Main sources of liver are cadaver, living donor transplantation but Xeno transplants may be possible in the days to come. There is no ready made solution for all the problems. For children, a portion of liver is taken out from the donors. There is a need to establish a cadaver programme to ensure regular supply of organs for transplantation. Liver transplant requires skilled multidisciplinary team and it is a challenging surgery.Post-transplant management was extremely important. Availability of organ has to be ensured and the staff working in this programme cannot expect any holiday as they might get a donor any time and they will be required to undertake the procedure. When the organ becomes available the transpolar team is supposed to do the procedure then and there. He also referred to life saving medications required for these patients and likely complications. He then talked about pre-transplant programme, screening of the patient and the donors which is again extremely important. Change of life style of the patient after BMT are important and they have to stop smoking if they are smokers. It is not a cure and it has its own mortality, he remarked. 

Speaking about the complications Dr. Khalid Sharif mentioned rejection, infection and delayed closure of abdomen.  Sepsis accounts for about 10-30%, acute rejection 10-20% and chronic rejection 5%.  Now there is increasing survival after liver transplantation but the problem is lifelongmedications and how the patients are going to adhere to it. The patient suffer from chronic life time illness. Adolescents can be non-compliant, patients will have to carry stoma withthemand they need to be mentally prepared for this. Five years liver transplant survival is about 84% and it is growing.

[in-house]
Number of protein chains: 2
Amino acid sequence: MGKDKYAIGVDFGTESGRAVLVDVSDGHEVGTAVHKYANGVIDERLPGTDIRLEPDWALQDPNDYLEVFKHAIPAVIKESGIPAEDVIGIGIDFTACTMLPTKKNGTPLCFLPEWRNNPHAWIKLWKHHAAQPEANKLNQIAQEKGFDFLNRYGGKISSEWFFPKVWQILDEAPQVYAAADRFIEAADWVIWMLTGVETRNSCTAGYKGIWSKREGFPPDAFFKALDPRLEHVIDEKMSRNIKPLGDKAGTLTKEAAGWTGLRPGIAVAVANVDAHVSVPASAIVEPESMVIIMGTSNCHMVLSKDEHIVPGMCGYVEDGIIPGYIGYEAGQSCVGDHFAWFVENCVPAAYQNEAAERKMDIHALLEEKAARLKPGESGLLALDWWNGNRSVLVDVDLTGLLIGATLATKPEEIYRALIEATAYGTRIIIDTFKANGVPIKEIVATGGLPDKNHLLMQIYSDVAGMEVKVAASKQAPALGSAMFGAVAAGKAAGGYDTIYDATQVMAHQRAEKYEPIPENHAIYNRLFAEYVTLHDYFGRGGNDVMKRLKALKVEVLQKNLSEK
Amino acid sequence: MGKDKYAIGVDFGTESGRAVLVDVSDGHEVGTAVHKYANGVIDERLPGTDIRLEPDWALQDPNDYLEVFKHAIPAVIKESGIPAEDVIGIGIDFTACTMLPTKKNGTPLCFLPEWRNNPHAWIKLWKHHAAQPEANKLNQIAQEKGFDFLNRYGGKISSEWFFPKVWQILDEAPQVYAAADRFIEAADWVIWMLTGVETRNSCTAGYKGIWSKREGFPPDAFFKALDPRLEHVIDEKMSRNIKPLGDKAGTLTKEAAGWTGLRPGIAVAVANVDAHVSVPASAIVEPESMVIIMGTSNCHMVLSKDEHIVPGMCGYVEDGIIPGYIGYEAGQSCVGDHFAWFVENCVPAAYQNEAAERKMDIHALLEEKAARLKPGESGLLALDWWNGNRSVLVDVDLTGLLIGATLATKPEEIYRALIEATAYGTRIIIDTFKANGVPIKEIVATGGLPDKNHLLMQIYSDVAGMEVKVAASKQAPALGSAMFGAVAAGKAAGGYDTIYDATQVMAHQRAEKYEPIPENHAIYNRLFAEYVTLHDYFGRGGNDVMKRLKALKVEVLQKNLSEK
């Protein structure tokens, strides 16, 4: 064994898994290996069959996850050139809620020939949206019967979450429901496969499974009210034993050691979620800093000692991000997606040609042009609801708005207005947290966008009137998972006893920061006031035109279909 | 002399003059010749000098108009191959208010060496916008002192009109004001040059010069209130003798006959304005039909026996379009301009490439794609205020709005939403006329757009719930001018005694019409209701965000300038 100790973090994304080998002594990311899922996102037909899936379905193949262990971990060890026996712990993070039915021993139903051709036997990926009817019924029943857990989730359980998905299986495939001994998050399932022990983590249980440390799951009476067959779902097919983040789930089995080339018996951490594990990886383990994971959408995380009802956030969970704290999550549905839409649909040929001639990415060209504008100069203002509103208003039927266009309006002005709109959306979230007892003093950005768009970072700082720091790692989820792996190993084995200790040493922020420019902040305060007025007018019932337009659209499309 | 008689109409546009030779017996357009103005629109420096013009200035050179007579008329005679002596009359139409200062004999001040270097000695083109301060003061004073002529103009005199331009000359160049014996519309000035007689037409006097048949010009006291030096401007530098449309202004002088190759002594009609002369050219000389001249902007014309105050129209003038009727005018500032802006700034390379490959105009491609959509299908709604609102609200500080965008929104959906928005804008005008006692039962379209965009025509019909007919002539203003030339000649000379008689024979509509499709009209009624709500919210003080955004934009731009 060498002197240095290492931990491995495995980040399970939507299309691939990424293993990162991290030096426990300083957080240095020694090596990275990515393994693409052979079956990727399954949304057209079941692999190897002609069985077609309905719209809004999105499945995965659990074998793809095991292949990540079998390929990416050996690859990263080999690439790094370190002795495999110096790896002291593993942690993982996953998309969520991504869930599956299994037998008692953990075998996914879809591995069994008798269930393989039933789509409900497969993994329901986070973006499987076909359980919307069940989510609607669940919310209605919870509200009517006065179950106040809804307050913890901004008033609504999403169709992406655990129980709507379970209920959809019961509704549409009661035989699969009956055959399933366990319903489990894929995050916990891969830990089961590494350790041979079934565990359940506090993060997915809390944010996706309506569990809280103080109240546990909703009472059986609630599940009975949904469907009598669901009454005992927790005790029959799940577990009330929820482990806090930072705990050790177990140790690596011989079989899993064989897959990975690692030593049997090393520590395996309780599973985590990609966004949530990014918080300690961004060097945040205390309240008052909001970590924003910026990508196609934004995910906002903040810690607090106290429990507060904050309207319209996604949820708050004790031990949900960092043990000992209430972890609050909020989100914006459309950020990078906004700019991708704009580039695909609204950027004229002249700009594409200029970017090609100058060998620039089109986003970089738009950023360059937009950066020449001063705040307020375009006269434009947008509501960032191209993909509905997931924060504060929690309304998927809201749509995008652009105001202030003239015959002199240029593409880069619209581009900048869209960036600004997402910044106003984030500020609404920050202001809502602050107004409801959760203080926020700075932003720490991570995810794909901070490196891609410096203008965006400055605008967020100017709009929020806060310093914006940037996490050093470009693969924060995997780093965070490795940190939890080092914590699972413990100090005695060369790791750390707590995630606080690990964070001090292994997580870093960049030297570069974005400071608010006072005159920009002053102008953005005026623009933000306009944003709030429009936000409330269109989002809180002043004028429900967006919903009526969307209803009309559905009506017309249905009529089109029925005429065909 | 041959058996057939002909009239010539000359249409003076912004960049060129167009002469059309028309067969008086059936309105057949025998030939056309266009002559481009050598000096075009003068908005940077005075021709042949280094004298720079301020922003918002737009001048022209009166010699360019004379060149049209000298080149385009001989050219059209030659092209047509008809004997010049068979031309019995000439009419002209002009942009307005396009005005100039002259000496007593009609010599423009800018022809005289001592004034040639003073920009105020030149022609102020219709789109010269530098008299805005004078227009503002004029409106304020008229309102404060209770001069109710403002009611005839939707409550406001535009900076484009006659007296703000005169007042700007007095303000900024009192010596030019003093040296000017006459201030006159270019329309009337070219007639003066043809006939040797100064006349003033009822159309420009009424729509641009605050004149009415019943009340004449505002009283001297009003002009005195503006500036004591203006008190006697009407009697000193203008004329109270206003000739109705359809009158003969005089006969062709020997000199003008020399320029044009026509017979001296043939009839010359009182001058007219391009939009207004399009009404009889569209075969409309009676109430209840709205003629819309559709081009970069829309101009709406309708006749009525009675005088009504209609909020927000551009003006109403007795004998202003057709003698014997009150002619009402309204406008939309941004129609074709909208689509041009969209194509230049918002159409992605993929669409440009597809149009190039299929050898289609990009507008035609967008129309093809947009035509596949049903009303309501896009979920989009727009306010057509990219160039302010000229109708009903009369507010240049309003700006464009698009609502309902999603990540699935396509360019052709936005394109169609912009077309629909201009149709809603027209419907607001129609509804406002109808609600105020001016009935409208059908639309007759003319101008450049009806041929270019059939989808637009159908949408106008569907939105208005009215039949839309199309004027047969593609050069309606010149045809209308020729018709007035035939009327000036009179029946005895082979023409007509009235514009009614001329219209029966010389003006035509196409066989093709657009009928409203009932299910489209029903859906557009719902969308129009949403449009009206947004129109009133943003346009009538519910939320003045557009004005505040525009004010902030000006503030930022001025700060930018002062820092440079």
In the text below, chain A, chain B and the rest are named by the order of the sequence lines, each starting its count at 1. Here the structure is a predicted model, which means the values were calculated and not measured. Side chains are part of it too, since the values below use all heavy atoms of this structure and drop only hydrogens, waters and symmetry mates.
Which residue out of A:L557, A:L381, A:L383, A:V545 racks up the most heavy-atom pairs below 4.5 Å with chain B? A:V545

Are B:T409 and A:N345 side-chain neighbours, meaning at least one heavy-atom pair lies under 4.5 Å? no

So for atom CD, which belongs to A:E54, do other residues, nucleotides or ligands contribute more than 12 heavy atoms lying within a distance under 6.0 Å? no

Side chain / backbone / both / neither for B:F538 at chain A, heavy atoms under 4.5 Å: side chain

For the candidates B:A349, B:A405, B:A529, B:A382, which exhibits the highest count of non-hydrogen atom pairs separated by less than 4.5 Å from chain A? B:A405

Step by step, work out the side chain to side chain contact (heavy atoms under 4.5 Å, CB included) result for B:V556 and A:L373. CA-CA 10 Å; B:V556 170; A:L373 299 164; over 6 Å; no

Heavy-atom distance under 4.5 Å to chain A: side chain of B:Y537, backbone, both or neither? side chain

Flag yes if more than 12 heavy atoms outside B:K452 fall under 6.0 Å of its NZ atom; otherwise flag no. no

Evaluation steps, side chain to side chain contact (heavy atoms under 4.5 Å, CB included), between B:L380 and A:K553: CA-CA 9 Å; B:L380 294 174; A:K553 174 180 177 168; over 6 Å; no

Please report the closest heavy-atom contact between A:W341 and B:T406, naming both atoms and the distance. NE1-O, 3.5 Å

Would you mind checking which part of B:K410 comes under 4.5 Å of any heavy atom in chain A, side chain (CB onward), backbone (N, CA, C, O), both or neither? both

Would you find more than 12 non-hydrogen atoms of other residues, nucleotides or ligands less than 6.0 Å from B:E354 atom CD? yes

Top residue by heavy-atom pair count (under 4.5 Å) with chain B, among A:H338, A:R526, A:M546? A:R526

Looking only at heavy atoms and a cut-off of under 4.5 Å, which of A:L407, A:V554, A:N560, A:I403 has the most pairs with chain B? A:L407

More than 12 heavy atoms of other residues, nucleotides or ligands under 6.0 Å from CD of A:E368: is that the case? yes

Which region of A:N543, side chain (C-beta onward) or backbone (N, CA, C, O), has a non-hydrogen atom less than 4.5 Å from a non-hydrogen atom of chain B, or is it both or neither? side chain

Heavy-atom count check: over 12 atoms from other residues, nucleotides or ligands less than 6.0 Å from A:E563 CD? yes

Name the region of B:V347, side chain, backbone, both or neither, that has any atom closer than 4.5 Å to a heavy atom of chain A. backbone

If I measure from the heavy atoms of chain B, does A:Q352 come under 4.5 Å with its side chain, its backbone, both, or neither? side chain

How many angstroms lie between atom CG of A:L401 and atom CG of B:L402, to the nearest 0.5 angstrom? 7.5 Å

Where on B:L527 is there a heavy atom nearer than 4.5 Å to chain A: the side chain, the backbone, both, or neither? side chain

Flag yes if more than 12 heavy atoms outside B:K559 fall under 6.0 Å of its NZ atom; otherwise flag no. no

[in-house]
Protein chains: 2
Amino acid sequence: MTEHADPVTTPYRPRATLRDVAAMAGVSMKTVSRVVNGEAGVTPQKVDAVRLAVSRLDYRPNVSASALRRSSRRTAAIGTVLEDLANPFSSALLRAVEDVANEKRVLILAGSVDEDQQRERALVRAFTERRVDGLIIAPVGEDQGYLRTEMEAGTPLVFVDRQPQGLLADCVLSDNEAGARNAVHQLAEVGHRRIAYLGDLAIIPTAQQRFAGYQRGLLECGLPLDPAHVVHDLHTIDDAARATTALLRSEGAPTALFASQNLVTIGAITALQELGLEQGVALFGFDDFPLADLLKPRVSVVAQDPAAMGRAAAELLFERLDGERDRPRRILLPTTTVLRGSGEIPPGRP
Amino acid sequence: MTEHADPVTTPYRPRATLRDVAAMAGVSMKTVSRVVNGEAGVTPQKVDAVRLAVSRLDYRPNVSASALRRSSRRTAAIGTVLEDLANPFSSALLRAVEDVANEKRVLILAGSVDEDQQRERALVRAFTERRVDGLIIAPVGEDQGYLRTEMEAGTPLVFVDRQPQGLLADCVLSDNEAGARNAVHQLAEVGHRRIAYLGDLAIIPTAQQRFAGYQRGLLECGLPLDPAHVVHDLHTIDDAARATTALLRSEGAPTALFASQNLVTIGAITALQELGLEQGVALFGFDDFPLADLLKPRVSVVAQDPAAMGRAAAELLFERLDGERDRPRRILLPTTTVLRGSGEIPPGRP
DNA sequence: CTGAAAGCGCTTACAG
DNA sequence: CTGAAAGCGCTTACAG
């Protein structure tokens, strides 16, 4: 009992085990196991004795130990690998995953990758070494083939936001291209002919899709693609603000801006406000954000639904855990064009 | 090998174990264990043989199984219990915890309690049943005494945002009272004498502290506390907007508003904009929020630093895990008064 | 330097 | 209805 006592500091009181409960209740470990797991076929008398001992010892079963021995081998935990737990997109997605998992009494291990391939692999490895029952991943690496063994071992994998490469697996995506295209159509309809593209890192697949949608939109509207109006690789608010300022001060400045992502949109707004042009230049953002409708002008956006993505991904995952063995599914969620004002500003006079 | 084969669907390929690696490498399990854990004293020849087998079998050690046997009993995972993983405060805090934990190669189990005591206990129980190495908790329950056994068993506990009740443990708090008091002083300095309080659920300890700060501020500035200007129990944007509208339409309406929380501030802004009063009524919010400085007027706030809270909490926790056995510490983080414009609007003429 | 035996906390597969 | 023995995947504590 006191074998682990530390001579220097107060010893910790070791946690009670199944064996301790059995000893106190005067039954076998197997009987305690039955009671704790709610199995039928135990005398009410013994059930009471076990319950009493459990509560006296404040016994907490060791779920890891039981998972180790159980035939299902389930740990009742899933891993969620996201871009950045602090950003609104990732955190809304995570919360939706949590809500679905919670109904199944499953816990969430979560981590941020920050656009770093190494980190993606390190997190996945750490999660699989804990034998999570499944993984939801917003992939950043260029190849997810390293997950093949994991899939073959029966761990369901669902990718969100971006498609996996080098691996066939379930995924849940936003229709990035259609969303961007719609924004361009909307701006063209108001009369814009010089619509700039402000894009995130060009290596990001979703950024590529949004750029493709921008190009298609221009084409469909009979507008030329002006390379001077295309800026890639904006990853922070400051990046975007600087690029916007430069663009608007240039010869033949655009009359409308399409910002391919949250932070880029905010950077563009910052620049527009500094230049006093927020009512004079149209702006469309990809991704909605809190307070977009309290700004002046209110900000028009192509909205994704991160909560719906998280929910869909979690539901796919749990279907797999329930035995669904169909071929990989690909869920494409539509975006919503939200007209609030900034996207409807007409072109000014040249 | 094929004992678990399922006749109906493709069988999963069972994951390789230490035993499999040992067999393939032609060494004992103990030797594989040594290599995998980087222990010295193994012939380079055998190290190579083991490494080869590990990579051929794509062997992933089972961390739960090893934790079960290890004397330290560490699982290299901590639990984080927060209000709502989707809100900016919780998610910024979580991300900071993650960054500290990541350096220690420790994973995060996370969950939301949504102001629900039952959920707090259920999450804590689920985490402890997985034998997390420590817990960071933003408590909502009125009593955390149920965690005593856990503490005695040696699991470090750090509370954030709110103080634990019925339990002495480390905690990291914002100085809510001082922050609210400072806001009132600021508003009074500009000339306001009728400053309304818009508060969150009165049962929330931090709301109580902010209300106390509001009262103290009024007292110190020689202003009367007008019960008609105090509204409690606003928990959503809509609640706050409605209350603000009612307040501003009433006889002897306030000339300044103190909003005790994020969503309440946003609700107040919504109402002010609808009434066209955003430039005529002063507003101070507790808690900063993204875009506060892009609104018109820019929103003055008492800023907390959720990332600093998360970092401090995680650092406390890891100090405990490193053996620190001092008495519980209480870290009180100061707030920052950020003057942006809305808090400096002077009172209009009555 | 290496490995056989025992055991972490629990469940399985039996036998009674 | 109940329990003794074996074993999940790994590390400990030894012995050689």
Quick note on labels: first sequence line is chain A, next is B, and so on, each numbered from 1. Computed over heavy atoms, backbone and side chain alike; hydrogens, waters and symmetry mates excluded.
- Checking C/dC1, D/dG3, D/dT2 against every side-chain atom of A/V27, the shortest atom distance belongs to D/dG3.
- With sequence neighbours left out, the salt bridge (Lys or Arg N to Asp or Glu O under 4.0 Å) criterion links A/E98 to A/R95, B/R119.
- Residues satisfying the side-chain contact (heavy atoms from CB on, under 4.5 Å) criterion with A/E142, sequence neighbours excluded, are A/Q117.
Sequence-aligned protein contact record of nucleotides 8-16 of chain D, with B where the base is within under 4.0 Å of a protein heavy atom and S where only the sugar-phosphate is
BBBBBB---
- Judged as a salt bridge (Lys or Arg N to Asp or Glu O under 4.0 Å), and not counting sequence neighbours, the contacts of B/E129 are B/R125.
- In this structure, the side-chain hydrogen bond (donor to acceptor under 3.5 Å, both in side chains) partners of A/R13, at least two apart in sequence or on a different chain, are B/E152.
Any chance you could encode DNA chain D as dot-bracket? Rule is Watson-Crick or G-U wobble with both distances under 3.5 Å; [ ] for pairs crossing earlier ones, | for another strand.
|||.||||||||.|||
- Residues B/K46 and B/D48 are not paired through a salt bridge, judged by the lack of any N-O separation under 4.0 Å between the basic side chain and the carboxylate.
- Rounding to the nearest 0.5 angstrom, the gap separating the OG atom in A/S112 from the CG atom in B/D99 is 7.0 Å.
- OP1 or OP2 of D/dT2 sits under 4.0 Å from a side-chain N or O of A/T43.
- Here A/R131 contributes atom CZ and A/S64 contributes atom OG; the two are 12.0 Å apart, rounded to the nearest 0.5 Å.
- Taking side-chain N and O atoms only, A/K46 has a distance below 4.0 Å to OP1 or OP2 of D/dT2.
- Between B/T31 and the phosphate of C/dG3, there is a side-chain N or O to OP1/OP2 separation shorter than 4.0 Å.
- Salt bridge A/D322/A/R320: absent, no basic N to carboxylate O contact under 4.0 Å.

Talking about the future Dr. Khalid Sharif mentioned cell therapy, stem cell, Gene therapy. Organogenesis is going to happen but it will have challenges. It is extremely important that we keep in mind the basic principles of medical ethics i.e.  Autonomy, Beneficence, Non-maleficence and Justice.  Post-operative services need to be standardized, he concluded.